Content Claims & Impact on Consumers 2012

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This presentation has been provided by The International Life Sciences Institute, South East Asia branch, from their August 2012 seminar in Thailand.

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Content Claims & Impact on Consumers 2012

  1. ILSI SEA Region Nutrition Labeling Seminar, Thailand, August 2012 (www.ilsi.org/SEA _Region) Content claims and impacts on consumers: A review Hazel Fowler Food Standards Australia New Zealand 7th Seminar and Workshop on Nutrition Labeling, Claims and Communication Strategies 30 August 2012
  2. Overview• Introduction• Previous FSANZ research• Literature review• Conclusions
  3. FSANZ 2007 Research• Does the presence of a nutrition content claim affect consumers’: – intentions to purchase the product? – perceptions of the healthiness of the product?
  4. FSANZ 2007 Research• Telephone survey, with 3-dimensional product stimuli• Breakfast cereal and a sweet biscuit product• Respondents randomised to control group or a treatment group
  5. Purchase intention Very likely 7 6 5 4 No claim Claim 3 2 Not at all likely 1 Breakfast cereal Sweet biscuitFSANZ. 2008. Impact of nutrition content claims on consumer purchase intention, nutrition attitude and health benefits
  6. Nutrition attitude Favourable 7 6 5 4 No claim Claim 3 2 Unfavourable 1 Breakfast cereal Sweet biscuitFSANZ. 2008. Impact of nutrition content claims on consumer purchase intention, nutrition attitude and health benefits
  7. Literature Review• Do nutrition content claims: – Influence nutrition perceptions? – Influence health perceptions? – Influence purchase intentions or choices? – Influence purchases or consumption?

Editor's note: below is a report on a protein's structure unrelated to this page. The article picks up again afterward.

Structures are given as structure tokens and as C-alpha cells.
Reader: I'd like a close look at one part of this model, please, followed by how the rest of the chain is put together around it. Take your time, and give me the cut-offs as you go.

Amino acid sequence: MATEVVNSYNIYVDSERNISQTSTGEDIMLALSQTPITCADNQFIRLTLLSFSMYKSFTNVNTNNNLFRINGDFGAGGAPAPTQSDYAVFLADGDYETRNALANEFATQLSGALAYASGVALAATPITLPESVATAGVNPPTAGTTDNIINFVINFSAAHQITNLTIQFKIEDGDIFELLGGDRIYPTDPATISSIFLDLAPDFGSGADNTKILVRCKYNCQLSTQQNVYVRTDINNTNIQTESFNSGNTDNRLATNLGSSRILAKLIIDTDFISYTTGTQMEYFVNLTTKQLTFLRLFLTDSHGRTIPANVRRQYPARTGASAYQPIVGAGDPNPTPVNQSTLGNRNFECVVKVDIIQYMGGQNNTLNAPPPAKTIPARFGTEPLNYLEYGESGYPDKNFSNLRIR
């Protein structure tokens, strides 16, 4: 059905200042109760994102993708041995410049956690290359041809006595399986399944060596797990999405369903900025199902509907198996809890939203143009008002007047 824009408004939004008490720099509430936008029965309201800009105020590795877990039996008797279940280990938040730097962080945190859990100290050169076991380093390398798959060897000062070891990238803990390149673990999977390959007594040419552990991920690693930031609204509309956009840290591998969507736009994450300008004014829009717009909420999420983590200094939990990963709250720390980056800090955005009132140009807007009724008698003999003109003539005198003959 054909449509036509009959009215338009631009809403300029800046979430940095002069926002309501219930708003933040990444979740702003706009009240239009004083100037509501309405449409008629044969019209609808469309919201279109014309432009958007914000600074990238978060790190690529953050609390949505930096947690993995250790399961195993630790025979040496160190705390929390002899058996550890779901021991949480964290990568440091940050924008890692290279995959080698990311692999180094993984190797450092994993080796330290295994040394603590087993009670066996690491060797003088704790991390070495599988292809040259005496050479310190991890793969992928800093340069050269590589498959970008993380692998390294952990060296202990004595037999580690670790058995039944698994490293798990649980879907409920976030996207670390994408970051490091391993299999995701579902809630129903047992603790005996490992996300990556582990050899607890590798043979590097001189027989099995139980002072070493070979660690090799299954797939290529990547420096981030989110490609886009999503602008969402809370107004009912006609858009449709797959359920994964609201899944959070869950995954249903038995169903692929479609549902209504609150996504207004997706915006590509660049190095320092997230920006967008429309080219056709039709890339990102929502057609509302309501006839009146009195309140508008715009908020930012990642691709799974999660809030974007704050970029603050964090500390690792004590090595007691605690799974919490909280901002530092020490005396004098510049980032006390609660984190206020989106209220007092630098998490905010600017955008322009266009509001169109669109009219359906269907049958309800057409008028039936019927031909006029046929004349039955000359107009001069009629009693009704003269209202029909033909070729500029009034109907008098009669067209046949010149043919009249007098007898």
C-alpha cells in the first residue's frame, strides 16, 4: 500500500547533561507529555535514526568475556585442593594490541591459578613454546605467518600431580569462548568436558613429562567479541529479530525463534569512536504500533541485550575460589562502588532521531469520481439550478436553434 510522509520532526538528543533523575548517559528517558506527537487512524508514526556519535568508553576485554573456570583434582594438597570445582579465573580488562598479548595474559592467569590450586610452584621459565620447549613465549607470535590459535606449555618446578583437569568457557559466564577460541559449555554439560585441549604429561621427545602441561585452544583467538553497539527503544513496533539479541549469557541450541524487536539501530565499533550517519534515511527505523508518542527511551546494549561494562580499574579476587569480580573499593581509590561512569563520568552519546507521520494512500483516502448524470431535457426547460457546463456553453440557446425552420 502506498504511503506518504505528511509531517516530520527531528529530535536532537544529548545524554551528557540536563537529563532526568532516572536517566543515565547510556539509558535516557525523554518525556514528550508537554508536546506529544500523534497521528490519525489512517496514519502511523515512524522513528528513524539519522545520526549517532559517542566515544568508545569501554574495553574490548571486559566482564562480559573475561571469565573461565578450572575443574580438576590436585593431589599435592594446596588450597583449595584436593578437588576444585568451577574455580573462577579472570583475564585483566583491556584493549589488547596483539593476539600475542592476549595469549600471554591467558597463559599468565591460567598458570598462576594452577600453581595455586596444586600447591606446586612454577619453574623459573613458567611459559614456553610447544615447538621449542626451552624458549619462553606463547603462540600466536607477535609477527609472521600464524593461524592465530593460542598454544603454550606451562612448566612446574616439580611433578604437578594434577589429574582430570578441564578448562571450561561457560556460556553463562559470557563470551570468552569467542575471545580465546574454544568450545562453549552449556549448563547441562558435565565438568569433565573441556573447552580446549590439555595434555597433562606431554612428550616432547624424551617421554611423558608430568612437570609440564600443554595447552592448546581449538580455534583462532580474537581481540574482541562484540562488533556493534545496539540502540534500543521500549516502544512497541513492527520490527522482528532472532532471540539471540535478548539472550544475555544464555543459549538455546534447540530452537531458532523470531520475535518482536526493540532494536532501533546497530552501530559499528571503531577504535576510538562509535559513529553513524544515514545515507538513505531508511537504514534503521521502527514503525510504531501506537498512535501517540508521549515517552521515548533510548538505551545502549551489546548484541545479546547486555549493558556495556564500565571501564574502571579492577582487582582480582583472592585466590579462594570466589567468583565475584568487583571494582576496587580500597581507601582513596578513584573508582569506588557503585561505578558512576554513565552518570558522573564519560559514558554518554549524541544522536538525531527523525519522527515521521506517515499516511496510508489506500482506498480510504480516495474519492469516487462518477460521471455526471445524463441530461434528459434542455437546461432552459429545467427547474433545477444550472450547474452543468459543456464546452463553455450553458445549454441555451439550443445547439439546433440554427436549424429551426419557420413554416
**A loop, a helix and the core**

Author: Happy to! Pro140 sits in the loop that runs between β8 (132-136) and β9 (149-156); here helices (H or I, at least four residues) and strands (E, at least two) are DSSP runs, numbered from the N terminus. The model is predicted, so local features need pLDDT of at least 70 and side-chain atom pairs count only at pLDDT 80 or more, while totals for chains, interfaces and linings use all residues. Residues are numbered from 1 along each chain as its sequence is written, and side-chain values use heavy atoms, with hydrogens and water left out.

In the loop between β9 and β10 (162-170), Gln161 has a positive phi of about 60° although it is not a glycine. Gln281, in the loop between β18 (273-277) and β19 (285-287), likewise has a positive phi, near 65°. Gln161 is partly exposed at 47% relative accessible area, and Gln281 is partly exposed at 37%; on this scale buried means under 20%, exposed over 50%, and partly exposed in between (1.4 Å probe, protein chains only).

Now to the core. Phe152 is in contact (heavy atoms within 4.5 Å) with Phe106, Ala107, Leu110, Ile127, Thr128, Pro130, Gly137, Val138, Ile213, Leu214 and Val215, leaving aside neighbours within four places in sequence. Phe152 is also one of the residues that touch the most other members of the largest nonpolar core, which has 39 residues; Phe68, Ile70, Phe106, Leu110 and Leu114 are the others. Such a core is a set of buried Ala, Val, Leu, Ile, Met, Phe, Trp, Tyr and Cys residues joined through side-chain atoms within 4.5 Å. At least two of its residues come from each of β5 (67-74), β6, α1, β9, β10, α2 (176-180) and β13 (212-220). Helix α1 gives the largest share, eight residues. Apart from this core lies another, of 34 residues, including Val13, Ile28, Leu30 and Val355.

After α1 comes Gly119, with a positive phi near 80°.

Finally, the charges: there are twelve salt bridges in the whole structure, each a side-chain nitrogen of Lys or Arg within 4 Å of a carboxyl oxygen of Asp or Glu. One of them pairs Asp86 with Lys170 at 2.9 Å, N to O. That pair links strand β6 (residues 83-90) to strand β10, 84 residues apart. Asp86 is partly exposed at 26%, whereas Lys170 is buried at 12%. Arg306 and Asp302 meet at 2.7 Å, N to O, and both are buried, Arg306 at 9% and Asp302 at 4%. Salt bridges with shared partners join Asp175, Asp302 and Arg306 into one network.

8. Study TypesStudy Type No. of StudiesDiscrete choice experiments 8Sales data studies 2Rating experiments 21Self-report surveys 8Qualitative studies 4Literature reviews 3Miscellaneous 2
  9. Discrete choice experiments From Mueller S, Lockshin L, Louviere J, Francis L, Osidacz P (2009) How does shelf information influence consumers wine choice? The Australia New Zealand Wine Industry Journal 24(3):50–56
  10. Sales data studies Low calories Low fatFrom Kiesel K, Villas-Boas SB (2010) Can informationcosts affect consumer choice? Nutritional labels in asupermarket experiment. International Journal of IndustrialOrganization, In press doi:10.1016/j.ijindorg.2010.11.002
  11. Rating experiments How likely would you be to buy this product next time you go to the supermarket?Very unlikely Very likely toto purchase purchase
  12. Rating experimentsFrom Lin C-TJ (2008) How do consumers interpret health messages on food labels? NutritionToday 43(6):267–272
  13. Other studies• Self-report surveys• Qualitative studies• Literature reviews• Miscellaneous
  14. Findings• Varied across and within study types• Rating experiments – nutrition information• Rating experiments vs discrete choice experiments• Sales data study• Interpretation• Eye tracking• Influenced but not misled?
  15. Mechanisms• Truncation of information search• Confirmation bias• Trivial attribute effect• Distraction• Positive associations
  16. Conclusions• Preferences and purchases• Size and direction will vary• No evidence for cross-category influence• Foods of lower nutritional value• No influence on perceptions• Relation to FSANZ research
  17. Contact DetailsAustralia New Zealand Level 3Boeing House 154 Featherston Street55 Blackall Street WELLINGTON 6011BARTON ACT 2600 NEW ZEALANDPh: +61 2 6271 2222 Ph: +64 4 978 5630Fax: +61 2 6271 2278 Fax: +64 4 473 9855PO Box 7186 PO Box 10559Canberra BC ACT 2610 The Terrace, Wellington 6143Australia New ZealandEmail: info@foodstandards.gov.au info@foodstandards.govt.nzWebsite: www.foodstandards.gov.au www.foodstandards.govt.nz

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